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Strange and Stranger: The World of Steve Ditko (Anglais) Relié – 17 juillet 2008

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4,5 étoiles sur 5 32 commentaires client

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Strange and Stranger: The World of Steve Ditko

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Amazon.com: 4.5 étoiles sur 5 32 commentaires
3 internautes sur 3 ont trouvé ce commentaire utile 
5.0 étoiles sur 5 Tragic portrait of an innovative artist 10 juillet 2013
Par DJ Joe Sixpack - Publié sur Amazon.com
Achat vérifié
"Strange and Stranger: The World of Steve Ditko"
Written by Blake Bell
(Fantagraphics Books, 2008)

This is a highly-readable, well constructed appraisal of comicbook pioneeer Steve Ditko's life and artistic output over a six-decade career. Ditko is of course best known as the co-creator of the iconic superhero Spider-Man, as well as the mystical Dr. Strange and as an early, pivotal contributor to the "Marvel style" of the early 1960s. As detailed in this book, Ditko's glory years quickly imploded, following a bitter break with Marvel Comics in 1966, when Ditko left the company because of editorial differences and also because of disagreements regarding payment and ownership of creative works. After that, his career went into a steady decline, sometimes gradual, sometimes precipitous, and Ditko himself became increasingly difficult to work with and psychologically inflexible.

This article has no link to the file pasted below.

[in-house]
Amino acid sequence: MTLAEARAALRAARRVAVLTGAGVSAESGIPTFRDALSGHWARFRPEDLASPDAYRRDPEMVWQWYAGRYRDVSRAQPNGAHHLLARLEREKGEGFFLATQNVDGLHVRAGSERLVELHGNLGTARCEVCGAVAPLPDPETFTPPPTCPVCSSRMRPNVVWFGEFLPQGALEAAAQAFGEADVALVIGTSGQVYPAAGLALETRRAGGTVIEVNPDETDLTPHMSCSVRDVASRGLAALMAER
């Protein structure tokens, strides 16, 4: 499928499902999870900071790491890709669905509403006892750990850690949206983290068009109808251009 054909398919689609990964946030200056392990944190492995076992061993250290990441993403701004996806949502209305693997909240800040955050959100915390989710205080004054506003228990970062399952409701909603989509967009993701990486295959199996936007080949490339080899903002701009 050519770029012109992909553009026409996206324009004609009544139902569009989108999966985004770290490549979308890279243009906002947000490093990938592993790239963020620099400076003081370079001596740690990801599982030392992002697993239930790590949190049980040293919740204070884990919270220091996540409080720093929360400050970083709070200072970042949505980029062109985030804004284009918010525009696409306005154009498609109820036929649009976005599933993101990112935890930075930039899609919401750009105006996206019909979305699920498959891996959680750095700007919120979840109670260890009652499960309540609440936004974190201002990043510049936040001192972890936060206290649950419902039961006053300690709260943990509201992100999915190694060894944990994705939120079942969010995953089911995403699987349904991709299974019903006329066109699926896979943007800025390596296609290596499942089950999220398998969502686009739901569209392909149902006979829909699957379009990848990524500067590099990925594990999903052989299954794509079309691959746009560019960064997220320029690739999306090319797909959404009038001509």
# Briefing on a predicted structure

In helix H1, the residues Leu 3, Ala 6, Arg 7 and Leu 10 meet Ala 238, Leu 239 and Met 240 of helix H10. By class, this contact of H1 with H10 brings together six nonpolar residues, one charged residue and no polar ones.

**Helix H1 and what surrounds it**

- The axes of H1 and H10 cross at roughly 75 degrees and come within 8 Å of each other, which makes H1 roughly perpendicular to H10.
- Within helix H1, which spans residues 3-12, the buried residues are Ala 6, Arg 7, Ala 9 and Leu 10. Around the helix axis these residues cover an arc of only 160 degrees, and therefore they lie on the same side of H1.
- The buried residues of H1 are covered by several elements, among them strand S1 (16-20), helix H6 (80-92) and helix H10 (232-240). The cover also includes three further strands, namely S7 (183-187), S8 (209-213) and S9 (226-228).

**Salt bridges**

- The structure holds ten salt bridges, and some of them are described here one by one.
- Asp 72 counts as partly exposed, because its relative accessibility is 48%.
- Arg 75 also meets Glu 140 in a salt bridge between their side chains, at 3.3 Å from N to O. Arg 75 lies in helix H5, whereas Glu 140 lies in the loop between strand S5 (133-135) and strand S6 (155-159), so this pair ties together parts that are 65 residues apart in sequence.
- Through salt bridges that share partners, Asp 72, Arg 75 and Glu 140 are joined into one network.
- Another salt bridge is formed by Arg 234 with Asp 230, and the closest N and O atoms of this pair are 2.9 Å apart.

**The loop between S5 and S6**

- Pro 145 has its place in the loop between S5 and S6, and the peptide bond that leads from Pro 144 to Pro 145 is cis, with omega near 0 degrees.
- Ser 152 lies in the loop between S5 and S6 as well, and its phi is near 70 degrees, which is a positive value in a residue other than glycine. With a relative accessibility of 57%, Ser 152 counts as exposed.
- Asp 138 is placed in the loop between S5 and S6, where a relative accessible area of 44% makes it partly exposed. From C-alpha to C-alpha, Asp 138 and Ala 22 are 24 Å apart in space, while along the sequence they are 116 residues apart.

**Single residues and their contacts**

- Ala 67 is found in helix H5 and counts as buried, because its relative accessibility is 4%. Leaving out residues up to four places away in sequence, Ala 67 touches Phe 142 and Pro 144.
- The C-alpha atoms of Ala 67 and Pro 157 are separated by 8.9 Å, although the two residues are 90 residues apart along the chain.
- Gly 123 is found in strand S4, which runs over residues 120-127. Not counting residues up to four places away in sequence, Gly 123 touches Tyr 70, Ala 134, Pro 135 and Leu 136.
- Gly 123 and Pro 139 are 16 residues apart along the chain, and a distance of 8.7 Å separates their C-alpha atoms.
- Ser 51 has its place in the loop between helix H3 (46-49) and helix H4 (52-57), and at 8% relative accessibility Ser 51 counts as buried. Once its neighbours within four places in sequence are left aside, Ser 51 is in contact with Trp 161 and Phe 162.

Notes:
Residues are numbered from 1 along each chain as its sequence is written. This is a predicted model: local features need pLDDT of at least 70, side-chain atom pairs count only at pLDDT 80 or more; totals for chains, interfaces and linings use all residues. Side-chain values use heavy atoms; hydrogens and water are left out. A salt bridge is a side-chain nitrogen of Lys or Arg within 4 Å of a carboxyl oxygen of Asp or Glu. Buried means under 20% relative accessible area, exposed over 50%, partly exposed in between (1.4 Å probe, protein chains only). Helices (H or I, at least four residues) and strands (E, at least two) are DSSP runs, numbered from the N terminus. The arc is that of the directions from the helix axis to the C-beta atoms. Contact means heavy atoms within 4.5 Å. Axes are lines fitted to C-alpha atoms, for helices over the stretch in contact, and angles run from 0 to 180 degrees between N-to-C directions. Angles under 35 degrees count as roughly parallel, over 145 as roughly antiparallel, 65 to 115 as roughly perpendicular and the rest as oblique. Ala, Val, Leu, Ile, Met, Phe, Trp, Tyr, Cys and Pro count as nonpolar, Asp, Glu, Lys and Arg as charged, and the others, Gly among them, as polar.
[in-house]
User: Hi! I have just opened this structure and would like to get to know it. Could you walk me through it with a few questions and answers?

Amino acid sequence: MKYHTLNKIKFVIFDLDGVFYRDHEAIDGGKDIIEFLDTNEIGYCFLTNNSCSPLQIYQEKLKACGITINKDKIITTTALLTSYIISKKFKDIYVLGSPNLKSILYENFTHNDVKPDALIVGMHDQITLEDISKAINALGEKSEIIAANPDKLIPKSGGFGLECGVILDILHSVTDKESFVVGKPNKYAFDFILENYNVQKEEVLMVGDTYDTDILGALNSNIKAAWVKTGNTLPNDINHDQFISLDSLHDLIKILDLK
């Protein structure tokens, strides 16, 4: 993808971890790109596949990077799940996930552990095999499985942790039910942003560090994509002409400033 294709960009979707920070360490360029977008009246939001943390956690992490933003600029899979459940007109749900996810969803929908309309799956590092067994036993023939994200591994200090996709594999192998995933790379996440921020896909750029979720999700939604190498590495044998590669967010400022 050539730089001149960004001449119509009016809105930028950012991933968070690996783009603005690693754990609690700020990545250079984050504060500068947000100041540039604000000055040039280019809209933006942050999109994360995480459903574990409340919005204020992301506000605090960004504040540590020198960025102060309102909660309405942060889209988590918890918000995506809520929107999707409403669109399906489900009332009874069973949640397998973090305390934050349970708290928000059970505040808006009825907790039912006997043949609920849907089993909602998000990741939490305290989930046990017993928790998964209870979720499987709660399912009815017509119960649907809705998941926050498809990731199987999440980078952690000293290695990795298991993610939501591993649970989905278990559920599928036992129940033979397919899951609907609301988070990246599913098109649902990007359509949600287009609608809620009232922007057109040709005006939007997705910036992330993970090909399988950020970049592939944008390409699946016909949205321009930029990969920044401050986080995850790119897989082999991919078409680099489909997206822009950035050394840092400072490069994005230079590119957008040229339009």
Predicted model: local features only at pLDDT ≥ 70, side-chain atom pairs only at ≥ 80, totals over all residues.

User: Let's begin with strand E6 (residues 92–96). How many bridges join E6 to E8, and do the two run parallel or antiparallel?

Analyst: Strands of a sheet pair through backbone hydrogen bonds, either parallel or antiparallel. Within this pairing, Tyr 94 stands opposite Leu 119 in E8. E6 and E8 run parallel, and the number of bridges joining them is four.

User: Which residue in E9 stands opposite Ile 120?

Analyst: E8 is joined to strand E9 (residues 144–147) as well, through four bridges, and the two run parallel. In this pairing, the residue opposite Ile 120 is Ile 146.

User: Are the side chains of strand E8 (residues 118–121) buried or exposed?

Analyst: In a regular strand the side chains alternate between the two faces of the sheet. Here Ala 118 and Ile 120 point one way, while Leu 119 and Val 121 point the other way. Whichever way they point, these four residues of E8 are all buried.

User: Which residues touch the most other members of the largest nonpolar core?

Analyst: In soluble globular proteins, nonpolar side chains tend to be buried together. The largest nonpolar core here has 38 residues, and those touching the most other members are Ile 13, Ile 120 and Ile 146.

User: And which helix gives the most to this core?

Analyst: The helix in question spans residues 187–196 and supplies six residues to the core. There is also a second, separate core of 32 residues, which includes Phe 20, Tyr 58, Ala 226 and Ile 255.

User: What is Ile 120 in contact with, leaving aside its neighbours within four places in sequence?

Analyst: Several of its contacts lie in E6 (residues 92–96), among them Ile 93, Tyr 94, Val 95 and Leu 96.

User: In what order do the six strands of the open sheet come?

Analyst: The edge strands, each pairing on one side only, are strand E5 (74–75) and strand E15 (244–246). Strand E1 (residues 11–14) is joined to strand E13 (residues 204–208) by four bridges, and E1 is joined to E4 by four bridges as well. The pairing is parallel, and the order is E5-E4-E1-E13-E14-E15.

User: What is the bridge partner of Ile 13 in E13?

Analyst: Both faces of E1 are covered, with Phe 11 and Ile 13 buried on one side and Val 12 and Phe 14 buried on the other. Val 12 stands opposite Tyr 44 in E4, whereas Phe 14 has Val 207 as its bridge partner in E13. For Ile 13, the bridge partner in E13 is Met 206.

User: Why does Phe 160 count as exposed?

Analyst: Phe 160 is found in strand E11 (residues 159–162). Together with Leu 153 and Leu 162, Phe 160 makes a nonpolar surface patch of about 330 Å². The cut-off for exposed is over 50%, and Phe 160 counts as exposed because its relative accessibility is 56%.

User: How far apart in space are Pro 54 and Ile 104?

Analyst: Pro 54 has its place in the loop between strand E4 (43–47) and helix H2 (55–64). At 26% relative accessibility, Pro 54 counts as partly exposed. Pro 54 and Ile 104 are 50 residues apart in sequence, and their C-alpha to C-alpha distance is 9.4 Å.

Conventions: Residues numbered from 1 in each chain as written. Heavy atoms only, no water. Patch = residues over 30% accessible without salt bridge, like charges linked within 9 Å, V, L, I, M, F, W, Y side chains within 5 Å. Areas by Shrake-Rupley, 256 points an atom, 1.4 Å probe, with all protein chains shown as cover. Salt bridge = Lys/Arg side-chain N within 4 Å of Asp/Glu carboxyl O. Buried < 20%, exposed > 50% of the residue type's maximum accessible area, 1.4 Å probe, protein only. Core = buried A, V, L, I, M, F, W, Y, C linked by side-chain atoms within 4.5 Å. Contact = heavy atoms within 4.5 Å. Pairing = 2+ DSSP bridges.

Much of Ditko's inability to maintain his exalted stature in the comicbook industry came from his rigid adherence to Ayn Rand's "objectivist" philosophy, which valued severe, uncompromising moral ideals and an individualist rejection of social norms that were deemed too lax and unprincipled. Ditko took this ideal to amazing extremes, and after an initial appreciation of the artist's brilliant early work, author Blake Bell has to tackle the unenviable task of detailing Ditko's professional and artistic decline, detailing one burned bridge after another. The structure of the book is much like Bell describes Ditko's art: it is streamlined and fluid, with full attention paid to telling the story, and little that is extraneous to the narrative. What's hard, though, is the arc of the story itself, as a cranky, prickly, embittered Steve Ditko undercuts himself at every turn, pursuing Rand-ian storytelling as his "true" calling, while viewing the outside, mainstream comicbook industry some sort of occupied, enemy territory.